One-Third of Concord Students Ditch School

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    NEWSLETTERS

    9-year-old Concord girl died Friday

    More than one-third of the students at El Monte Elementary School in Concord were absent Monday after a classmate with the H1N1 virus died May  29 and two other children reported flu-like symptoms last week, Mount Diablo  Unified School District Superintendent Dick Nicoll said.

    According to Nicoll, 163 of the school's 468 students were absent today. One teacher also called in sick.

    Nicoll did not know how many children were actually sick and how many were being kept home as a precaution.

    Although health officials have said there is no reason to close the school, Nicoll said he made sure parents received an automated message  Saturday informing them that two more children were sick with flu-like  symptoms.

    "We wanted to make sure parents were fully informed so they could  make their own choice," Nicoll said.

    Contra Costa County health officials announced Thursday that a child who had been diagnosed with the H1N1 virus died May 29. The Contra Costa County coroner's office identified the child as 9-year-old Karen Perez. She was in the fourth grade at El Monte Elementary School.

    Laboratory tests confirmed Wednesday that Karen had swine flu as well as a secondary bacterial infection, Contra Costa Public Health Director  Dr. Wendel Brunner said.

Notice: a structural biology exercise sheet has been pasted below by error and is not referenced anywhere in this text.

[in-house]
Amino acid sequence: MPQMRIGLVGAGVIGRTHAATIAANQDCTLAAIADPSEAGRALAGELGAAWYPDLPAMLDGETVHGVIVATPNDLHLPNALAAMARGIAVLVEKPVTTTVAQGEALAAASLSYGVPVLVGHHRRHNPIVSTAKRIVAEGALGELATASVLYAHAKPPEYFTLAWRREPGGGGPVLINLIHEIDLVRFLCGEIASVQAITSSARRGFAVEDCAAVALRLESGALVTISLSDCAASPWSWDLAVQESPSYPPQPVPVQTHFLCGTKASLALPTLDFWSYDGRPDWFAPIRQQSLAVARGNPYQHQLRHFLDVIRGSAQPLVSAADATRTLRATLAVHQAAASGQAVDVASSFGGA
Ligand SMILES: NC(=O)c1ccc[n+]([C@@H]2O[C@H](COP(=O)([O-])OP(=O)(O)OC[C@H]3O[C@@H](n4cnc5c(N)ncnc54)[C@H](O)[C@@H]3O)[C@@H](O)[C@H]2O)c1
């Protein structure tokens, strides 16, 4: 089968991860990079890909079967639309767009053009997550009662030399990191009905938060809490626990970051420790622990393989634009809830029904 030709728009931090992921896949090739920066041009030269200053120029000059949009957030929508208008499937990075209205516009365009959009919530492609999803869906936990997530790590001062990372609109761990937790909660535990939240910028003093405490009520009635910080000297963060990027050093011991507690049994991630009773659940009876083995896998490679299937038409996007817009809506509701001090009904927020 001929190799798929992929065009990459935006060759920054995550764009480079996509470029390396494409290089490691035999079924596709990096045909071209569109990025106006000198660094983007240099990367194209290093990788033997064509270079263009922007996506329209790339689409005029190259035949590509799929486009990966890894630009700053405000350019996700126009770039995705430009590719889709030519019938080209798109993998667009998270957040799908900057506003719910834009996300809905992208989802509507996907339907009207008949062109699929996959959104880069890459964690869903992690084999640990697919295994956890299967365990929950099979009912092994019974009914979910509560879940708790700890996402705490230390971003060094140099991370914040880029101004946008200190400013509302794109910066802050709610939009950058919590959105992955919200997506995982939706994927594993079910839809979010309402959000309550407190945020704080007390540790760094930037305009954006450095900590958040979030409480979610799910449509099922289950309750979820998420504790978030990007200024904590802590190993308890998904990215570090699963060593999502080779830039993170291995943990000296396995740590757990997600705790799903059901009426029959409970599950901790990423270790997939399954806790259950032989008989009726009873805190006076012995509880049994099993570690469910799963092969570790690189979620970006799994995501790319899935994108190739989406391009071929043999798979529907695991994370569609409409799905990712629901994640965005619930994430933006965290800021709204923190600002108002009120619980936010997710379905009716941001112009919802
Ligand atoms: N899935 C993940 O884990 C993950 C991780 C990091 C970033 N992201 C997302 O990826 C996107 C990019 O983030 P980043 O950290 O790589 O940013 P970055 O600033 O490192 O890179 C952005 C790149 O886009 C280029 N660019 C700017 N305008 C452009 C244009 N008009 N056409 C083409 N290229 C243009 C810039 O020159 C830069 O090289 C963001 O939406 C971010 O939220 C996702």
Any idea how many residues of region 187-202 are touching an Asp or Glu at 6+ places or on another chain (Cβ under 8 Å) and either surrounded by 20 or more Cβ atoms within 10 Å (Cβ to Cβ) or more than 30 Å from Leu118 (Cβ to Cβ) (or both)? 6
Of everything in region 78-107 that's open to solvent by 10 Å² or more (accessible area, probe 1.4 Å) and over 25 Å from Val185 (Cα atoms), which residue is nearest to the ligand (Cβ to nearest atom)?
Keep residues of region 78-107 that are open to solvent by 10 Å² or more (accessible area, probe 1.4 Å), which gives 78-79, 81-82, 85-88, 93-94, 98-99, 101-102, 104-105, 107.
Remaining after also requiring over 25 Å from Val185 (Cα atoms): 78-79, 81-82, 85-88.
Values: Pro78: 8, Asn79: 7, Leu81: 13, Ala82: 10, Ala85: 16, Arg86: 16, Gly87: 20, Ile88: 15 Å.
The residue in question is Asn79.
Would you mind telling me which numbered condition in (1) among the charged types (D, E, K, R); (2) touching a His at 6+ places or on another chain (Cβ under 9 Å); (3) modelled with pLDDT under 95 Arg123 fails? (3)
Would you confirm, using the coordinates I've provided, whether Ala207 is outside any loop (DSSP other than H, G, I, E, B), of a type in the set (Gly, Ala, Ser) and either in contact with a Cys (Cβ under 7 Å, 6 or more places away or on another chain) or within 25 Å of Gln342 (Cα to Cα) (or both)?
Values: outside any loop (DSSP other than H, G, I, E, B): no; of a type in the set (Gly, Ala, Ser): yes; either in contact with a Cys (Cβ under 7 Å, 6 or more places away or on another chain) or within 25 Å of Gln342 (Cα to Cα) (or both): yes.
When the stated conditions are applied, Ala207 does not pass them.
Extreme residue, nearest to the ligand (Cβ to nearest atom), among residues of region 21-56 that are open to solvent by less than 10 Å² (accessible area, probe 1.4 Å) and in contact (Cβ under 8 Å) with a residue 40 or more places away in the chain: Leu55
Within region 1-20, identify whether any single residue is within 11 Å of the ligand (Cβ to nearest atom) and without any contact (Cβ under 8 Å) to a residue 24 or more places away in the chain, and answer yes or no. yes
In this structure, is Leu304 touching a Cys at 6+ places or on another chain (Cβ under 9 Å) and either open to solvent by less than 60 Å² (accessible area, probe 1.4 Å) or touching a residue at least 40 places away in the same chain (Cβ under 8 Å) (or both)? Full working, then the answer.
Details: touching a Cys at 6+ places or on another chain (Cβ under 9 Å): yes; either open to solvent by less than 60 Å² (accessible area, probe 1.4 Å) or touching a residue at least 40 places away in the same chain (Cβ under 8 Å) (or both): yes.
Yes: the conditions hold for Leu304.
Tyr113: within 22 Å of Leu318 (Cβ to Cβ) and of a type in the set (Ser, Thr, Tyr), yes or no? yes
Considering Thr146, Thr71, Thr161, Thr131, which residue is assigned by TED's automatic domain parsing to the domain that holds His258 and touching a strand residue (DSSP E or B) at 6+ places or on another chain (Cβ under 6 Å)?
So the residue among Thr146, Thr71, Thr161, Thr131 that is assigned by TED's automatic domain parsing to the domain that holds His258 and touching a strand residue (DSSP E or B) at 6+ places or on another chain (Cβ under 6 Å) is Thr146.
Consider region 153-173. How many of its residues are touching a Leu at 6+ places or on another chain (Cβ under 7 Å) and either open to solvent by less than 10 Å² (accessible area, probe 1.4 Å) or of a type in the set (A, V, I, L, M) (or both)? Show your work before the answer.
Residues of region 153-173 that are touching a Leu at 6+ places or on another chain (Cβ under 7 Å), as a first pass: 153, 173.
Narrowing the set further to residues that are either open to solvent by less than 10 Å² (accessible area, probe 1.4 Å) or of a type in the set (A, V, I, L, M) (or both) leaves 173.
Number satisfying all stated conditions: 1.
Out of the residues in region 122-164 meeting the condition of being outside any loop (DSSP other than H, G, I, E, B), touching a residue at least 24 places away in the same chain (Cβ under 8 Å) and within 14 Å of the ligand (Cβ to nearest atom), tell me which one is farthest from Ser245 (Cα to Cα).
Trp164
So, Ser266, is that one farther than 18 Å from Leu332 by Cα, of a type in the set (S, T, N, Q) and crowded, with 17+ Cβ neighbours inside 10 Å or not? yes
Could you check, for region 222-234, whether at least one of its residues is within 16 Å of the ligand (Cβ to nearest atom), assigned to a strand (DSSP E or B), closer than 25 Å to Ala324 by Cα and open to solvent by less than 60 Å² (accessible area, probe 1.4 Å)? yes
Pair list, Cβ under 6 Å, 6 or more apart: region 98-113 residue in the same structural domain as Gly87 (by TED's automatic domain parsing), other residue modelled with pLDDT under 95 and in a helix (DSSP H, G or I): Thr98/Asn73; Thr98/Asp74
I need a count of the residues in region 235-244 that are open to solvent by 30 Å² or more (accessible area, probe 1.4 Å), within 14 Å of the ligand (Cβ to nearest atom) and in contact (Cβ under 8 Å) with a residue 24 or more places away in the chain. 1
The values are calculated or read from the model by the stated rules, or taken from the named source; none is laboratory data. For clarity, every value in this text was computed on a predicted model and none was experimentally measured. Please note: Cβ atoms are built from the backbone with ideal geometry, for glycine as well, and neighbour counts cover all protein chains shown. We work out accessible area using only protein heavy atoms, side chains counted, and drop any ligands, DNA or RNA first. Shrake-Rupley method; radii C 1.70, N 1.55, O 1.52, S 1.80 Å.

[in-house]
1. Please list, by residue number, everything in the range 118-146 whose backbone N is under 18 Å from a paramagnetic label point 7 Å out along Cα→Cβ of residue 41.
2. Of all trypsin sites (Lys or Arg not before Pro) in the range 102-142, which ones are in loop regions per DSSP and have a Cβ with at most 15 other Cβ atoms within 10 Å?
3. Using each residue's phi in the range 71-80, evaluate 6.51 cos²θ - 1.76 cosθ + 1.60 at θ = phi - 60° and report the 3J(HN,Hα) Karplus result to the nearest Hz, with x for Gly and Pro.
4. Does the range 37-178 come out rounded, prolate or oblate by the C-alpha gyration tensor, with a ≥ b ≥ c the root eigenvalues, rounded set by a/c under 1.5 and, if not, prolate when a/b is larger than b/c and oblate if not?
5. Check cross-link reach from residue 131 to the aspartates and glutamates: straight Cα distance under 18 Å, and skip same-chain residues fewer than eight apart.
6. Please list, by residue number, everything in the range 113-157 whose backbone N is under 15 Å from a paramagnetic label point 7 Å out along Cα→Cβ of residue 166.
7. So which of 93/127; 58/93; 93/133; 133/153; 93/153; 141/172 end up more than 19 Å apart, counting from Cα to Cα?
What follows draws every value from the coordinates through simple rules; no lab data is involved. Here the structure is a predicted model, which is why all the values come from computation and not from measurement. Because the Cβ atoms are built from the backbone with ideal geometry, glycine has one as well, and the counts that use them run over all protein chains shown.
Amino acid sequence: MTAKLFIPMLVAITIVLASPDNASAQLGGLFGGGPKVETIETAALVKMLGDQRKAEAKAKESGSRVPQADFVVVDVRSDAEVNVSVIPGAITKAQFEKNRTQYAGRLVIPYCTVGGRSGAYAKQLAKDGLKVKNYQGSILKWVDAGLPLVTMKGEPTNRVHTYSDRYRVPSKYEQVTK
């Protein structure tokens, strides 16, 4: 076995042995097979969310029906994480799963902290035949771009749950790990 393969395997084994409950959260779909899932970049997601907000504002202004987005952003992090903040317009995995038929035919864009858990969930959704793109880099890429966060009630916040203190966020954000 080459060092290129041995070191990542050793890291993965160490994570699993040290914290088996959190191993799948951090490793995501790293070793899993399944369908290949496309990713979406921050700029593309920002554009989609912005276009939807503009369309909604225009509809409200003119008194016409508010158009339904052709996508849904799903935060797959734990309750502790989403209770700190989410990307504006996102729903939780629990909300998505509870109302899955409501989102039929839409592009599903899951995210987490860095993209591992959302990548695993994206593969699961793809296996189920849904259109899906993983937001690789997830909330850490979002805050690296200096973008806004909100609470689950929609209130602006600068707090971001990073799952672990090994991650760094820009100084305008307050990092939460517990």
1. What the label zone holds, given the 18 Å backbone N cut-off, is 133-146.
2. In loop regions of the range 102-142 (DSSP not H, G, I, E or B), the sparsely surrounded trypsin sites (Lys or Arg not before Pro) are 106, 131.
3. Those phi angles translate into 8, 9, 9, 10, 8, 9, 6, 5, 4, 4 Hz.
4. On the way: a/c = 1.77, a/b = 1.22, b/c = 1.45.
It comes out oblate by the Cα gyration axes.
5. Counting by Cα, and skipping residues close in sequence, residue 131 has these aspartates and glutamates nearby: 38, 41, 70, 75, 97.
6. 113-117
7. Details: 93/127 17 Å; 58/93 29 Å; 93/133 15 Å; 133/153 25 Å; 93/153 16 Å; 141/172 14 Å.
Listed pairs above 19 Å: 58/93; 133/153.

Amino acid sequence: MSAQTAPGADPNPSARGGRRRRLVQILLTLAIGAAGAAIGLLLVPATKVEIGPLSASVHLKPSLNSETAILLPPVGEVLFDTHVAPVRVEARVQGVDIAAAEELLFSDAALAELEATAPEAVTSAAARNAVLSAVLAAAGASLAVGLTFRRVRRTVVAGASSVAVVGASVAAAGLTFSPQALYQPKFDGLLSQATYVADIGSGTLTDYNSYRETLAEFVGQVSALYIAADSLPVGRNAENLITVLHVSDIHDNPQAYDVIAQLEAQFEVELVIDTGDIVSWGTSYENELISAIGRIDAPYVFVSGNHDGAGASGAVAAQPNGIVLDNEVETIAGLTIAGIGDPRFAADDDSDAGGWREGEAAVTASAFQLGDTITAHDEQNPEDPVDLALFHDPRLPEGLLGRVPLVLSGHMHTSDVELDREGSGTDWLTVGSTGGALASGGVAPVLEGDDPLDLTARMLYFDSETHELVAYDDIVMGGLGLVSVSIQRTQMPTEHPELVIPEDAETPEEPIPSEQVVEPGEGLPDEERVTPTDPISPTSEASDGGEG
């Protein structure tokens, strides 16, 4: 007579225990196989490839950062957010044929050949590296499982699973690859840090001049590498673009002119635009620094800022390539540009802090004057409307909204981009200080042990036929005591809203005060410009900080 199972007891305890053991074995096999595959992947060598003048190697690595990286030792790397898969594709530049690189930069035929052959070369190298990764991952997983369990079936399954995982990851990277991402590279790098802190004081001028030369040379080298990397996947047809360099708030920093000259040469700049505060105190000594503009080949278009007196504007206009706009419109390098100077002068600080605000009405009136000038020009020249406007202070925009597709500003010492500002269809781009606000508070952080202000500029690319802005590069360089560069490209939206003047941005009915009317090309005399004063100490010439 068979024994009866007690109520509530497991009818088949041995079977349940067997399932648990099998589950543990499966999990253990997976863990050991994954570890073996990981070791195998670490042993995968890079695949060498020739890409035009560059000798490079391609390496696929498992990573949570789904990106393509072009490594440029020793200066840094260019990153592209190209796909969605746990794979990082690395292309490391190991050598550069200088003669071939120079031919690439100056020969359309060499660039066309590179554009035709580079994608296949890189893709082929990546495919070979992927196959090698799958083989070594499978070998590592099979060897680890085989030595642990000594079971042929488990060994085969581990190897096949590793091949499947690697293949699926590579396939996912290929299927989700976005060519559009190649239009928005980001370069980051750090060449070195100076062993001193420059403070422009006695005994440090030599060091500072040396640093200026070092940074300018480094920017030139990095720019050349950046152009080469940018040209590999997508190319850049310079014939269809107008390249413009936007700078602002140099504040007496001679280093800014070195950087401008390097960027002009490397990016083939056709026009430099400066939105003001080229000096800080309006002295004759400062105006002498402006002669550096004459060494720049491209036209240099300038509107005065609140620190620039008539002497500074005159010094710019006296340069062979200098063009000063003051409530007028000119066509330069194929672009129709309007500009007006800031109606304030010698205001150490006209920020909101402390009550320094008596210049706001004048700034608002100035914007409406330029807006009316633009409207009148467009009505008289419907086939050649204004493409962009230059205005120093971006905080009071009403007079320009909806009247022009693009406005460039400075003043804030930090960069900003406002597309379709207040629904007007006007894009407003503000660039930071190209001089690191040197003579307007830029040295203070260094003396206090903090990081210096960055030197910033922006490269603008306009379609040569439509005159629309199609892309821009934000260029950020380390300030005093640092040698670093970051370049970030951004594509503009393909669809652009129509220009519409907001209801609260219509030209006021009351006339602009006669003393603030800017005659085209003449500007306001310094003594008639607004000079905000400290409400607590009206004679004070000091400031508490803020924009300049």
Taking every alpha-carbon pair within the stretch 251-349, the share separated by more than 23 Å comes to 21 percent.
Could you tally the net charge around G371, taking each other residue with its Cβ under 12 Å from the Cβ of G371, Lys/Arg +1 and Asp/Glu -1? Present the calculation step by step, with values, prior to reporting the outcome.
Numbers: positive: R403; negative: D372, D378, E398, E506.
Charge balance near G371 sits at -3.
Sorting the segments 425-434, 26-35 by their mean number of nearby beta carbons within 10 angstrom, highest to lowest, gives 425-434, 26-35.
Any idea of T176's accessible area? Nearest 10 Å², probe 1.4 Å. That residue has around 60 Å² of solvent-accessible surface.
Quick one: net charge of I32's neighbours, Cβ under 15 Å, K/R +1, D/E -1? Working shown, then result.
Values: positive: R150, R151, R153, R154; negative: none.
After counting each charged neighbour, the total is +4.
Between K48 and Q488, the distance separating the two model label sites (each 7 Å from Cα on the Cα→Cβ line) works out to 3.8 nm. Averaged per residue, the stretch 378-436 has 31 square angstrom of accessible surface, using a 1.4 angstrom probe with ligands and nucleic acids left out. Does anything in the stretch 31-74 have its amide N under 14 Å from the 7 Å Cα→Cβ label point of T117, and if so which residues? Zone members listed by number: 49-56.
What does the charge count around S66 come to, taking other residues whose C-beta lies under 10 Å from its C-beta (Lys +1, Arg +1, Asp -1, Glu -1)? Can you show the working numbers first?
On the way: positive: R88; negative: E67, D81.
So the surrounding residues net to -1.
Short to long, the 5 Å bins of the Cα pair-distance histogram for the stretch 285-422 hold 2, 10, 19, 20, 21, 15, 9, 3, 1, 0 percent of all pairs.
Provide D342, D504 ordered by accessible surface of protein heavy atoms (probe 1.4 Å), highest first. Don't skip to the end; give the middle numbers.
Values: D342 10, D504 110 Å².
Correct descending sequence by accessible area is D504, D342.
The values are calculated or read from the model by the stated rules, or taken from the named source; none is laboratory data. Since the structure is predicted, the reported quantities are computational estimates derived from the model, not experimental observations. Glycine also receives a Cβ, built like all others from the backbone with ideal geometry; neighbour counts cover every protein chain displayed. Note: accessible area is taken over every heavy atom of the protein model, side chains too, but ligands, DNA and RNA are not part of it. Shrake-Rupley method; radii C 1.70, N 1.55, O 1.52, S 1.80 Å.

The county health department is working with state and federal health officials to determine what role swine flu played in her death, Brunner said.

    Karen was the first person infected with swine flu to die in the Bay Area.

    At a news conference Thursday afternoon, Brunner said he did not believe that any other children at the school had been exposed to the virus  and that there were no plans to close the school, which only has three more  days to go before summer vacation begins.

    Last Monday, however, about an hour after the health department told him there was nothing to worry about, Patrick McCormick's 10-year-old  daughter Michaela was sent home with flu-like symptoms, McCormick said.

    Michaela and Karen were in the same fourth-grade class, McCormick said.

    Since then, McCormick's son Gavin, 8, has also come down with flu-like symptoms, along with a third child, a girl who was also in Karen's  class, McCormick said.

    McCormick is keeping both of his children home, although Michaela no longer has any symptoms and is anxious to go back to school and Gavin,  whose fever is gone today, would like to be outside skateboarding with his  friends, McCormick said.

    McCormick said he would have liked to know earlier that his children might have been exposed to swine flu so that he could have taken  steps to prevent them from potentially exposing other children to the  illness.

    He has been told that he still has to wait several days to find out whether Gavin has swine flu.

    Contra Costa Health Services spokeswoman Kate Fowlie said the health department can't comment on individual cases or cases at specific  schools.

    Health officials are encouraging people who are sick to stay home from school or work.